I started writing this blog post about a herd of seals. No really. That’s what a group of seals is called. I asked The Google. I think it’s a pretty cool collective noun for them though, better than a pod (dolphins) Not as apt as a cauldron of bats or a shrewdness of apes. But I digress.
Edit: Halfway through the post I checked another fact on The Google and lo-and-behold, my herd of seals is actually a colony of sea lions! How do I know this awesome fact? Sea lions have visible ear flaps and my pics of the sea critters very definitely have ears. Who knew! Well, apart from David Attenborough that is. Not me!
Anyway back to the seals sea lions. I was tempted to steal a pup and bring it home with me to live in my hot-tub. I would feed it fish fingers and ice-cream and teach it to play fetch with Dawg. But I thought better of it as I was in the middle of selling my house, and even though my new apartment complex has a pool, it is only temporary and my new house might not have a big enough bathtub to keep a full-sized seal sea lion.
I’m sure Dawg would have loved a new playmate but it wasn’t to be. I was astonished at how close all the gaping tourists (me included) could get to them. We were only about 6 feet away and they weren’t even batting an eyelid. And I’m happy to add that everyone obeyed the signs and no-one tried to pet them.
Definitely one of the coolest moments I’ve had in the USA so far – La Jolla Cove, San Diego, California incase you are wondering.
For the past 7 years since I moved to the USA I’ve become ever so slightly obsessed by hummingbirds. They’re absolutely amazing! They’re so small, fast, squabbly (is that a real word?), colourful, noisy and un-afraid. I saw one take on a titmouse the other day!
Anyway this weeks WPC of structure is a good excuse to use my weekend shots of the hummingbirds and in particular their wings and the structure of their feathers.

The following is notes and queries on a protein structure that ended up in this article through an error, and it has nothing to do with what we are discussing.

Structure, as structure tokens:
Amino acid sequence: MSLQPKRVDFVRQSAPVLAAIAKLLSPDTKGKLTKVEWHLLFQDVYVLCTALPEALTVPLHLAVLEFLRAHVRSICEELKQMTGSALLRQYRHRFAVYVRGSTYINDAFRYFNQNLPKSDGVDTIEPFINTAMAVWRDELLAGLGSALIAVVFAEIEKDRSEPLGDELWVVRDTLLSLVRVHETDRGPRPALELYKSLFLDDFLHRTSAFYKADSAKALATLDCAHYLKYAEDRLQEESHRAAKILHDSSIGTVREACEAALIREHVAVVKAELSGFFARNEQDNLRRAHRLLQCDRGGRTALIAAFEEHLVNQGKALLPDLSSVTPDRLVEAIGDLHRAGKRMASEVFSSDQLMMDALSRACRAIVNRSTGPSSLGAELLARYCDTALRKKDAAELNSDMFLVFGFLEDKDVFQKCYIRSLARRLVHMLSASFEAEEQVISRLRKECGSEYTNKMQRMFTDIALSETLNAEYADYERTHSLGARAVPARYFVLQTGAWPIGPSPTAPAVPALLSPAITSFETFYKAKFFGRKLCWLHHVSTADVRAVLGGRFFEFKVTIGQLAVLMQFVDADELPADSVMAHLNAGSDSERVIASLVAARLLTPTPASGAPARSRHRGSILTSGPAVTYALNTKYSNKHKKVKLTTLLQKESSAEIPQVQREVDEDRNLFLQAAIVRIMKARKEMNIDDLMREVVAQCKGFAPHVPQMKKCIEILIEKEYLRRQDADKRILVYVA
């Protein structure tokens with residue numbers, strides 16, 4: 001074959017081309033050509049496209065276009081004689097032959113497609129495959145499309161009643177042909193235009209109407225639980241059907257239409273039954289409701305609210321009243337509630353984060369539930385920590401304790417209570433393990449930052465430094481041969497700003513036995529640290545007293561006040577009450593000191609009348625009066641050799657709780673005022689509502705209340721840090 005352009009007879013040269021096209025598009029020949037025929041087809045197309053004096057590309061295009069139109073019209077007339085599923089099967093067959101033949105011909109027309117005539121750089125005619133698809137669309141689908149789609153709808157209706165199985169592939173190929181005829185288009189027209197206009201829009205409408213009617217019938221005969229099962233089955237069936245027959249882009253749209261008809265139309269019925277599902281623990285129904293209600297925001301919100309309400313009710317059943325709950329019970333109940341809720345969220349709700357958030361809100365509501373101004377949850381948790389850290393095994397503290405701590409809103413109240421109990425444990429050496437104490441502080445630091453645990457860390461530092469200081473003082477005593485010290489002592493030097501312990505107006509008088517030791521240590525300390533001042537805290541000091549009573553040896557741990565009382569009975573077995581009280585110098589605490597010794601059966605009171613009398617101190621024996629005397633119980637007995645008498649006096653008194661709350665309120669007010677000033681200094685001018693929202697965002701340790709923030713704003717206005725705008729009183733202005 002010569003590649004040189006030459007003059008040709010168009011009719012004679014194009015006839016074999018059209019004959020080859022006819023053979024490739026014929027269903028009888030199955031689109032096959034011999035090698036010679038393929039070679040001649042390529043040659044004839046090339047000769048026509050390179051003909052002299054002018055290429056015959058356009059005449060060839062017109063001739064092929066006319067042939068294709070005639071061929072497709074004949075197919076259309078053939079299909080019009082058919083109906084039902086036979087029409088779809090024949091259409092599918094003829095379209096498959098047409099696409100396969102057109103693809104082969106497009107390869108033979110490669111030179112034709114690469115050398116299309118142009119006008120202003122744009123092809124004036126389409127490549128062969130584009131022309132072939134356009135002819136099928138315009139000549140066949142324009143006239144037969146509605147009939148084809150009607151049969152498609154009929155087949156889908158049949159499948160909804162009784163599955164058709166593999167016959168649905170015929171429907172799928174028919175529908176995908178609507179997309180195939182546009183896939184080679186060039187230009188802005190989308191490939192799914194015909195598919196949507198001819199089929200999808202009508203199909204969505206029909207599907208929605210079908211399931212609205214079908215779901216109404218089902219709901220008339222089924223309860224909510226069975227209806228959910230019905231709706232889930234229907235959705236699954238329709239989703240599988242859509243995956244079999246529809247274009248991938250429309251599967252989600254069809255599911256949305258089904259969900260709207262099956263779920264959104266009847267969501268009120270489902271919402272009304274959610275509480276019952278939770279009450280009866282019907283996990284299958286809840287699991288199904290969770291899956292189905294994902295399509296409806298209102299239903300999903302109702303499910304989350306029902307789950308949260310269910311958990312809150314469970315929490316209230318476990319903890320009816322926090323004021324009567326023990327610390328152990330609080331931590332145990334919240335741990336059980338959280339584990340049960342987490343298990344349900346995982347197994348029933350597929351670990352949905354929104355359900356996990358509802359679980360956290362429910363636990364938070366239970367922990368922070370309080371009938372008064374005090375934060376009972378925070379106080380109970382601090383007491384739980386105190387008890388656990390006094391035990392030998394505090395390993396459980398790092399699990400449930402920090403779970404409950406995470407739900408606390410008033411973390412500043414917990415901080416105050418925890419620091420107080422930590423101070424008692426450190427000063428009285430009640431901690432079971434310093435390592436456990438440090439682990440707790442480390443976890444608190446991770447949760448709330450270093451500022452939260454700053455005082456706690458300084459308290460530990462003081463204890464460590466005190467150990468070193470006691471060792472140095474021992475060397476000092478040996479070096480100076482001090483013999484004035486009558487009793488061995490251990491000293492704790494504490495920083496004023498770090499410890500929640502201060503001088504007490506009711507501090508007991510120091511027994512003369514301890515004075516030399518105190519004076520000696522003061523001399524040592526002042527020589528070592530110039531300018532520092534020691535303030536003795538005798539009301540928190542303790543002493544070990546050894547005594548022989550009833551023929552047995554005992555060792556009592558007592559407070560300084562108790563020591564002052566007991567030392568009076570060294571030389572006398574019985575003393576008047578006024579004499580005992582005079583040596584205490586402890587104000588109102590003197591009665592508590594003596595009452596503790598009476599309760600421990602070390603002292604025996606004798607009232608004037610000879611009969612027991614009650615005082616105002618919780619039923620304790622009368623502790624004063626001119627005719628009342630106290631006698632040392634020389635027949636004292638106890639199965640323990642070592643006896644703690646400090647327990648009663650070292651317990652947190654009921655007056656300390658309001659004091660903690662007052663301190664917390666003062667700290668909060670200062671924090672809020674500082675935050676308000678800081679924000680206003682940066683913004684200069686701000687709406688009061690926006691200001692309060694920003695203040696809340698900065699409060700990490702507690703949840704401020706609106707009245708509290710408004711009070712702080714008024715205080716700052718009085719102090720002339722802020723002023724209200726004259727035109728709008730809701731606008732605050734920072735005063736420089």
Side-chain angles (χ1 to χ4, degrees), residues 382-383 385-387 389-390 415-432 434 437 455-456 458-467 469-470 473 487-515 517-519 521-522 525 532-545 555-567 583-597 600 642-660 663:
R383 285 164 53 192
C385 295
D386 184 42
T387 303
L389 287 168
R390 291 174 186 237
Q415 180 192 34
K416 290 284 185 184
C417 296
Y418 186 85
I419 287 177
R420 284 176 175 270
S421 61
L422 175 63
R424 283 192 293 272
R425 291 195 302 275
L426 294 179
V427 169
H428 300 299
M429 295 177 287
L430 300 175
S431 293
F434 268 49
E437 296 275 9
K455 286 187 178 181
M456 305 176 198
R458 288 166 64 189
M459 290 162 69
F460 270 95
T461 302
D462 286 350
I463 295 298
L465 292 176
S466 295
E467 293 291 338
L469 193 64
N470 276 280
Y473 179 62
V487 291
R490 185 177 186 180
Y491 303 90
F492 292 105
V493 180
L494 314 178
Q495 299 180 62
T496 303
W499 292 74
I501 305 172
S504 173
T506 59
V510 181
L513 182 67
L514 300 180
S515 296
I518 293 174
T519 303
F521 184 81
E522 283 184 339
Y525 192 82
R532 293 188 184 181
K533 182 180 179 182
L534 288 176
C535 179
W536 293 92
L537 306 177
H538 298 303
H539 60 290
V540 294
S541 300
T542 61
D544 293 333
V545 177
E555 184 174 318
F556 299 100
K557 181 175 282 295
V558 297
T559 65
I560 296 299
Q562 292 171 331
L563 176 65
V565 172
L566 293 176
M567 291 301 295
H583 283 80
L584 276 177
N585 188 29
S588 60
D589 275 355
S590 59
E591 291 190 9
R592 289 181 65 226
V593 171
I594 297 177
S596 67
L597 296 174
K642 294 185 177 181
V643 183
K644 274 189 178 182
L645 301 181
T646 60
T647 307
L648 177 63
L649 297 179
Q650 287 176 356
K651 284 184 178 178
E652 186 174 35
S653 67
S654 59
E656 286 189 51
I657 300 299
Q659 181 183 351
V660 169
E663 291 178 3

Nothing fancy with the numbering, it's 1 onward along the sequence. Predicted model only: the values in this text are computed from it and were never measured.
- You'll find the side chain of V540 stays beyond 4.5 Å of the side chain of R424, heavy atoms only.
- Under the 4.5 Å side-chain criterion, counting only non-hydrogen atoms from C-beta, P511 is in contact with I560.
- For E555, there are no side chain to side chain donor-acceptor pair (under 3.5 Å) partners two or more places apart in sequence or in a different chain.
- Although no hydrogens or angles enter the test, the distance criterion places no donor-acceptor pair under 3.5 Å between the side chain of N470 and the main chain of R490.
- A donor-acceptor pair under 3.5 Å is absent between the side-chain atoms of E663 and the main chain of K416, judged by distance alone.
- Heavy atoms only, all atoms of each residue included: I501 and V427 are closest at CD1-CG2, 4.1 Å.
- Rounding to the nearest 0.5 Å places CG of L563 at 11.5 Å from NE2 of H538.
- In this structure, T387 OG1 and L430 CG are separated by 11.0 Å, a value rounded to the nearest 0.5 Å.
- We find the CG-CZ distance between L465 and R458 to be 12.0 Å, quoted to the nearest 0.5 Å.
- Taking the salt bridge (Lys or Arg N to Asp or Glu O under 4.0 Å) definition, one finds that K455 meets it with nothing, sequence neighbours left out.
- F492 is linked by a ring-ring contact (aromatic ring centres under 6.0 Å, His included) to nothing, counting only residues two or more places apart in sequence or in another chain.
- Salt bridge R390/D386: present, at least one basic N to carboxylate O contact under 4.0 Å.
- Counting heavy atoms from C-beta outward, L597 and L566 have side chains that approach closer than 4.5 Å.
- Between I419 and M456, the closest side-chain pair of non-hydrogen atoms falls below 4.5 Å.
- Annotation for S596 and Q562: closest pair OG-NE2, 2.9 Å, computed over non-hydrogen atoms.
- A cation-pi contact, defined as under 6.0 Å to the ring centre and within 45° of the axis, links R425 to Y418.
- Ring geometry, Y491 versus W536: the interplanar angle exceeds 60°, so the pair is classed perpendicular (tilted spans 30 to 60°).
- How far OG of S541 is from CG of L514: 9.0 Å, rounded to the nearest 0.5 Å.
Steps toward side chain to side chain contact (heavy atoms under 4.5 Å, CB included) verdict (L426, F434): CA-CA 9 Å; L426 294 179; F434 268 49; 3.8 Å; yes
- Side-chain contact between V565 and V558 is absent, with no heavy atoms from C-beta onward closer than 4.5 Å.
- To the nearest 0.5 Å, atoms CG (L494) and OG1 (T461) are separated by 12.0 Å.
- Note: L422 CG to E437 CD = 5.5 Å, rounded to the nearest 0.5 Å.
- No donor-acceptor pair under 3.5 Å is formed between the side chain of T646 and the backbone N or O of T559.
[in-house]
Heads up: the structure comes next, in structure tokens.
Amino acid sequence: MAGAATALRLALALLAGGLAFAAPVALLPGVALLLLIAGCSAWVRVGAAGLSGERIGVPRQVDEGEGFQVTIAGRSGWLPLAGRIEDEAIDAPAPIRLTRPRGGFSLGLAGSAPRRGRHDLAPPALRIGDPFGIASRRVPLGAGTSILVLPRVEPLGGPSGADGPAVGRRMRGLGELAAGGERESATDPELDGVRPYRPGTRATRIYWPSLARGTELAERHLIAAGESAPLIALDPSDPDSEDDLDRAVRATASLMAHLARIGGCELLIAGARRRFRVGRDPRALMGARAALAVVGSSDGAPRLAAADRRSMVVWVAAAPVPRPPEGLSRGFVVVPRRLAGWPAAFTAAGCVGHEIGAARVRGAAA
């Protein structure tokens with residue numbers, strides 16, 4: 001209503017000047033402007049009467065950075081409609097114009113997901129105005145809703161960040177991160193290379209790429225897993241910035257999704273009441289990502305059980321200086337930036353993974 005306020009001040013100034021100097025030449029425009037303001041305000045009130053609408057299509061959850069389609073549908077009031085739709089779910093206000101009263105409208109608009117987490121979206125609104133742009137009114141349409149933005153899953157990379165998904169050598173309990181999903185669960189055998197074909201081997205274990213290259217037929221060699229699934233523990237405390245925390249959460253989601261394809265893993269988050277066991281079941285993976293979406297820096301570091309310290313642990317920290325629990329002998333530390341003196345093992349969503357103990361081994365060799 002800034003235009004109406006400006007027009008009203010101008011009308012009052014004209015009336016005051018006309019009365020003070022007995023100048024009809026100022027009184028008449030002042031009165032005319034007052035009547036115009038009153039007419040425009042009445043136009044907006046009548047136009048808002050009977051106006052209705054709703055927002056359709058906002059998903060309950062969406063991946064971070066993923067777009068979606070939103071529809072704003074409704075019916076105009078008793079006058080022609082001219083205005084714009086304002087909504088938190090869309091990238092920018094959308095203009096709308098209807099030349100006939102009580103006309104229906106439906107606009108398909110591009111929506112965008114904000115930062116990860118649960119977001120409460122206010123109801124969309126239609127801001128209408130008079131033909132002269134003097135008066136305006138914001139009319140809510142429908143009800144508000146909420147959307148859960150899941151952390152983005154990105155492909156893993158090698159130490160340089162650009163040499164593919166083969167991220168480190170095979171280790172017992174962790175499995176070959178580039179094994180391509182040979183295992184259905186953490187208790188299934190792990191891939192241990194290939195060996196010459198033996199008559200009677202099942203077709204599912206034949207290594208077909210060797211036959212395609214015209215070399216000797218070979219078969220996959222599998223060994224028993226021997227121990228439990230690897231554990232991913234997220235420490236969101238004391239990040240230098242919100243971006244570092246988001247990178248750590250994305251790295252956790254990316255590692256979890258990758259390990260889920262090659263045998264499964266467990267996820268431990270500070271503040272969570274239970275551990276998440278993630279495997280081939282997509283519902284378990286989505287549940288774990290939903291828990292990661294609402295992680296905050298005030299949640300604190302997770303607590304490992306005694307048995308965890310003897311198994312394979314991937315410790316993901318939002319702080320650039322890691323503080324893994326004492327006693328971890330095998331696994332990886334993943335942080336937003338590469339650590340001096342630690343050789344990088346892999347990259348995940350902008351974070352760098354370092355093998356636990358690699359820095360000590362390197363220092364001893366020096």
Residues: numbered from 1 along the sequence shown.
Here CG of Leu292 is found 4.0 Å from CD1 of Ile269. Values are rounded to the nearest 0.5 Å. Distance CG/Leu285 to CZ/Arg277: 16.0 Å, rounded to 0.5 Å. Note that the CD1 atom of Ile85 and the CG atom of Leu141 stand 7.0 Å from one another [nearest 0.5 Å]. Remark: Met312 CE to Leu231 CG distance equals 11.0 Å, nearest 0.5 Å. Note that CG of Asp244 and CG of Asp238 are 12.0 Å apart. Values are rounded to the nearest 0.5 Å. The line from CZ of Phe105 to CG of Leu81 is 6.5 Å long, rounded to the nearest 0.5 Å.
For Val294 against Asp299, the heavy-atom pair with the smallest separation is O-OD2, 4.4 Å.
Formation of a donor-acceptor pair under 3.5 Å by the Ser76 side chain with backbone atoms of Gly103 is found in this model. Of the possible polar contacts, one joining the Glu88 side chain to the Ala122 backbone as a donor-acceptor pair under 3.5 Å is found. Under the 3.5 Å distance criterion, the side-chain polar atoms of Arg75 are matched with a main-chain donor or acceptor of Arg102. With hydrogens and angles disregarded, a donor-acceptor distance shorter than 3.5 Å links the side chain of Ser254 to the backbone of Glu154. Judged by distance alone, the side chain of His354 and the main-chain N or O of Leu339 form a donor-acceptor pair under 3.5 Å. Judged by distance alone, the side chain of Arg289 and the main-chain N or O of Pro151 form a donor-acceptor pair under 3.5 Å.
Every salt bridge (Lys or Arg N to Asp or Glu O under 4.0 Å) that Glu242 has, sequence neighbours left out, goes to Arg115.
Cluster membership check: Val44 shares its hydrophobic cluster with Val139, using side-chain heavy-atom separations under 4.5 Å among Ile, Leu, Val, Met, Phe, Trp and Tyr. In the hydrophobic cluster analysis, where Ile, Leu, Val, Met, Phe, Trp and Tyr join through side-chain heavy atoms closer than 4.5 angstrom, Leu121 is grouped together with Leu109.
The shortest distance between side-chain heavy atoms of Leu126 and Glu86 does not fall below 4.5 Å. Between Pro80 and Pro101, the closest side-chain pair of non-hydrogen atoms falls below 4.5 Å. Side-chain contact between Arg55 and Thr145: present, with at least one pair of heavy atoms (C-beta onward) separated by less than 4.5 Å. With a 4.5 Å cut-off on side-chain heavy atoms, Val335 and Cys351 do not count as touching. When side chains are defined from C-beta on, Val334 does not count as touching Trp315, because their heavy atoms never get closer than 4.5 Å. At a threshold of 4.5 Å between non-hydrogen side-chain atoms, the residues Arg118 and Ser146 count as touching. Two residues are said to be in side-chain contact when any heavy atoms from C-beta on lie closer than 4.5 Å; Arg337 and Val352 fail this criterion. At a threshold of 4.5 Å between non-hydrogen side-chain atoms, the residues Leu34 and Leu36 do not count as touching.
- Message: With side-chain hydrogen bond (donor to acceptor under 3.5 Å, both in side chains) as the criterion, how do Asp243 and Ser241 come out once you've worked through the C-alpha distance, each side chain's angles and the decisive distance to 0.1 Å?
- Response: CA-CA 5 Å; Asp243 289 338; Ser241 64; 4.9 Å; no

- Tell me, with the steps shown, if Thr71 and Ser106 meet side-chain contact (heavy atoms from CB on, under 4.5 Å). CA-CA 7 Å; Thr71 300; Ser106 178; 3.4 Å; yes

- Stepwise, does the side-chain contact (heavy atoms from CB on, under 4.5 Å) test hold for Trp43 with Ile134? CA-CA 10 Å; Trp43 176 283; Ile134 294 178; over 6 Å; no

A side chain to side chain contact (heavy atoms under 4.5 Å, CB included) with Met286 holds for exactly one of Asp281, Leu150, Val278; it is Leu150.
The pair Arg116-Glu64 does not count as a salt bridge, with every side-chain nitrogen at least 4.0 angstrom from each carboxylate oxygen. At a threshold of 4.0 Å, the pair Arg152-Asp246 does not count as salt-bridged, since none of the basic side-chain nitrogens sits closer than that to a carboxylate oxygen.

Technical jargon if anyone is interested: the shutter speed I needed to capture these shots was 1/3000 of a second with an ISO of 1600 at F6.3. I was using an 18-300mm Sigma lens on my Pentax K5 at full zoom and when editing I used a huge crop as well. I’m pretty pleased they turned out as sharp as they did (not counting all the binned blurry efforts btw).
I love how they fly right up to you and look you in the face as if to say “Hey giant thingy, what are you?” Now if I could only get one to perch on my finger.
Woke up today to a world filled with mist. Perfect for this weeks Photo Challenge theme of ambience… unfortunately I forgot for a short time where I actually live! There’s very little of scenic value in East Central Illinois. My visions of rolling hills shrouded in mist with spooky shadowed trees and mysterious silhouettes and spooky ambience weren’t going to happen. Anyway I fired up the imps in the camera (Terry Pratchett refernce for non-Pratchett fans) and headed out this morning to go photograph Ambient Stuff.
Firstly I visited the lake where I did manage to snap a few shots that, whilst not exactly what I wanted, turned out OK.
Then I headed off to the graveyard, but by this time the mist was starting to lift a little bit so didn’t get the shots I wanted there either.
Oh well, it got me out with my camera, plus more importantly I had fun shooting randomly again. I haven’t been out without purpose or intent to shoot anything for months and I forgot how much fun it is wandering around with a camera.
Happy shooting everyone. Go take your camera for a walk.
I thought about trying to be sensible and write a ‘proper’ travel blog seeing as I’m just back from Kauai with my mum and sister, but all my thoughts and impressions from the holiday are all jumbled up, so I’m just going to throw photographs up and maybe write a bit about each picture and try to convey how awesome and photogenic the whole island is.